I had to cross a big, very steep rockslide. Trying to be quiet was almost impossible, but I crossed carefully and started to move forward. I had not taken three steps when a buck stood up. He was about 50 yards away and a little below me. He started running but not fast, down and away and to my right. When he first got up, I knew he was good, but when he moved a little and turned his head sideways, I could hardly see through his antlers.
Instantly, I sat down and took careful aim. My heart was in my throat as I squeezed off the shot. Click. I had forgotten to put a round in the chamber. I worked the bolt, thinking, “I’m going to get behind if I don’t do it right.”
I took careful aim again, fired and bolted in another round. He was still moving and about 80 yards away. I fired again and bolted in another round. He kept running, but suddenly, he stopped about 125 yards away and looked back at me. I thought, “Boy, I’ve got to do it now.”
I fired again. He turned and ran down the mountain into a draw, where he passed out of sight. I pulled one more round out of my pocket and put it into the chamber, throwing the balance of the cartridges in my pocket out on the ground so I could reach them quickly if I needed them. I waited for him to show himself crossing the draw, but he did not and I moved to check for blood. I found the blood trail. He had run another 50 yards and was lying in some rocks and tall grass.
I cannot repeat the words I said, but I was literally awestruck when I saw the antlers. I just sat down and stared. Finally, I noticed that I had hit him with all three shots. That made me feel better, because I never knew whether or not I was hitting him while shooting.
I stood up and began examining his antlers. One major drop tine had been broken but was still attached by old velvet. He either broke it when he fell, or he broke it fighting. I knew it would hurt his score. It took Mick a while to get to me. When he arrived, his mouth dropped open, and neither of us could say anything. Finally, he said, “Erickson, it looks like you have had a good December.”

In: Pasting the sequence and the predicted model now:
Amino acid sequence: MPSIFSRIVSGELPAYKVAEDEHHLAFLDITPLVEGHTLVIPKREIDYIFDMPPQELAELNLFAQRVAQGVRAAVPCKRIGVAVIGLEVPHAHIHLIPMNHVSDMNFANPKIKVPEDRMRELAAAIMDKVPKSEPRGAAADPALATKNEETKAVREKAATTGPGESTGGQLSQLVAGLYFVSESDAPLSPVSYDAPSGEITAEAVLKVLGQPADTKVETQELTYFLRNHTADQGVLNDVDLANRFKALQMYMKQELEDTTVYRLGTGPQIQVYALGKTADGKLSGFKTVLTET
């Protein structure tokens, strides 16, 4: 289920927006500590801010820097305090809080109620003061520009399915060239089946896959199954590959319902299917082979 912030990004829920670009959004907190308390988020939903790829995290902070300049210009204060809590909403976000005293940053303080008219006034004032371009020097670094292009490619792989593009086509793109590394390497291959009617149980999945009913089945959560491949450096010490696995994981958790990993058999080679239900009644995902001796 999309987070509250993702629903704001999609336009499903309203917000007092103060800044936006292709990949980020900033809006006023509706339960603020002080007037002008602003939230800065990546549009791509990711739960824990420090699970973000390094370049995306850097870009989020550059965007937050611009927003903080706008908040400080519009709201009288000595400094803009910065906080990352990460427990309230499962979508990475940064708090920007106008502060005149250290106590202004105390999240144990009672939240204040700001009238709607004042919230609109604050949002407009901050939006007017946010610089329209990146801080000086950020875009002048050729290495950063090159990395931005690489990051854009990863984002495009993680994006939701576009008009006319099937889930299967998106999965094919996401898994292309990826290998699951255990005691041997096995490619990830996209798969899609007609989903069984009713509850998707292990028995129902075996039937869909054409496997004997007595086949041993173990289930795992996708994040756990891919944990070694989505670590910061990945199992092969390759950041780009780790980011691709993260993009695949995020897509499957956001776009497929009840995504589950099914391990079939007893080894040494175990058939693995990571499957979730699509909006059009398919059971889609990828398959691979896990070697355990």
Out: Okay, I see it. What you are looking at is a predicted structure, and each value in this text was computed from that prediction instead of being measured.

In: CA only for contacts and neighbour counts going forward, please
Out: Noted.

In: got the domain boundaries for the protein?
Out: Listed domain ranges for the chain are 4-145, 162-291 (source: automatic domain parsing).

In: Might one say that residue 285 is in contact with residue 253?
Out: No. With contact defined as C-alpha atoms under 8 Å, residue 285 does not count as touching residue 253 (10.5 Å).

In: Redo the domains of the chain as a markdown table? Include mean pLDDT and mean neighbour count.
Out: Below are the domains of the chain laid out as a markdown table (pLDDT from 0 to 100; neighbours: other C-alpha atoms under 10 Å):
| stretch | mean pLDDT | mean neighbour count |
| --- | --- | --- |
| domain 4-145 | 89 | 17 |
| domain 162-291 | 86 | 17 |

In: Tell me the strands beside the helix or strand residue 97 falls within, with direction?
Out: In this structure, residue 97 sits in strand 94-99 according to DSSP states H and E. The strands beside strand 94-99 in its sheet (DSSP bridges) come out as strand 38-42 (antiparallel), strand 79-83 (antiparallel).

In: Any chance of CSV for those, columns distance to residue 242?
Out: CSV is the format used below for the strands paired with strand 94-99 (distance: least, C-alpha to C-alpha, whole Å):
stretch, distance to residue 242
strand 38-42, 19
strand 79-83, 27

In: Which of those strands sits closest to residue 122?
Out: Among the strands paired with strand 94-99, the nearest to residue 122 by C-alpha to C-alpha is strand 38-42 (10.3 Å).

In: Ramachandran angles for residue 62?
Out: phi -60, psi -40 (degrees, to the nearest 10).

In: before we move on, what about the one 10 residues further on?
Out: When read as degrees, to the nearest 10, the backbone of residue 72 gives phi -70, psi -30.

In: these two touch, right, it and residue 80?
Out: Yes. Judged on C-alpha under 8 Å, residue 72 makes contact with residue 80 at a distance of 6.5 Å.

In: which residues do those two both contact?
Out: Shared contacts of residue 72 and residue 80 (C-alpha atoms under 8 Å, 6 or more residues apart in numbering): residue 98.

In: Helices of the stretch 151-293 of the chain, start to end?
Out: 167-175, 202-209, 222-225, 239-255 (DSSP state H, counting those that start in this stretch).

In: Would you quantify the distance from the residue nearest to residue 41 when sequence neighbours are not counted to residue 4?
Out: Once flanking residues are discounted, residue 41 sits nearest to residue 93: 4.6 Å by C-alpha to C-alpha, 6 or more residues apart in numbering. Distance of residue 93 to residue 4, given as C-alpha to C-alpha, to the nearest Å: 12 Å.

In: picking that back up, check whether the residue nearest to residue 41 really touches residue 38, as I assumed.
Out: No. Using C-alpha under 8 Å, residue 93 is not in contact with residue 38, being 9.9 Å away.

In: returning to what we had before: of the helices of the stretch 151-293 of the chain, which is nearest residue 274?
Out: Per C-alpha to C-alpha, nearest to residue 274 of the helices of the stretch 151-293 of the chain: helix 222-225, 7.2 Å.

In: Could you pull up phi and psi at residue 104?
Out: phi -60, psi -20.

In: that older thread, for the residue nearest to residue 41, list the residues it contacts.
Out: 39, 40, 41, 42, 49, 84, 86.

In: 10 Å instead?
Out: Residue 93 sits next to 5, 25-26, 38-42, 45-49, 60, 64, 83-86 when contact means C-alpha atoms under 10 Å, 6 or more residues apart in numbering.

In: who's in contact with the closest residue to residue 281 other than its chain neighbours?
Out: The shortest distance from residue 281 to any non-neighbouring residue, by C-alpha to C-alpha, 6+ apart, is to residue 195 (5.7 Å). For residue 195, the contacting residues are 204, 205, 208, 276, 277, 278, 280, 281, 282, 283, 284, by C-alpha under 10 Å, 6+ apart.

We finished field-dressing the buck and started off the mountain. I fell into some prickly pear on the way down, which marred a perfect day and brought me back to reality. Nothing is perfect. Of course, the argument about the buck I had seen the day before started again. I finally agreed that Mick was right, as usual, but look at the result of my disagreement.
Official Measurer’s Note:
As we noted elsewhere, some trophy antlers or horns just scream “exceptional” in photos. Many others don’t—no matter how high their scores. This buck, in the writer’s opinion, never fails to impress in photos or in antler configuration. It is true that large Coues’ whitetail trophies tend to be impressive relative to the diminutive size of this subspecies, especially in terms of antler mass versus skull size. That all said, Erickson’s award-winning (currently ranked No. 5) non-typical Coues’ whitetail more or less has it all in terms of key visual attributes and scoring metrics. Namely, the buck possesses a strong inside spread credit of 16-6/8 inches. Only a dozen other top Coues’ deer trophies match or exceed that measure. The buck also has main beams approaching 20 inches each, which fairly equates to the 30-inch main beams found in top-ranking whitetail trophies. Lastly, Erickson’s Coues’ deer ranks just below the top 10 in terms of total length of the abnormal points which lend to the great aesthetic character of this buck. In particular, inward curving drop tines coming off both main beams give this particular deer its own unique visual appeal.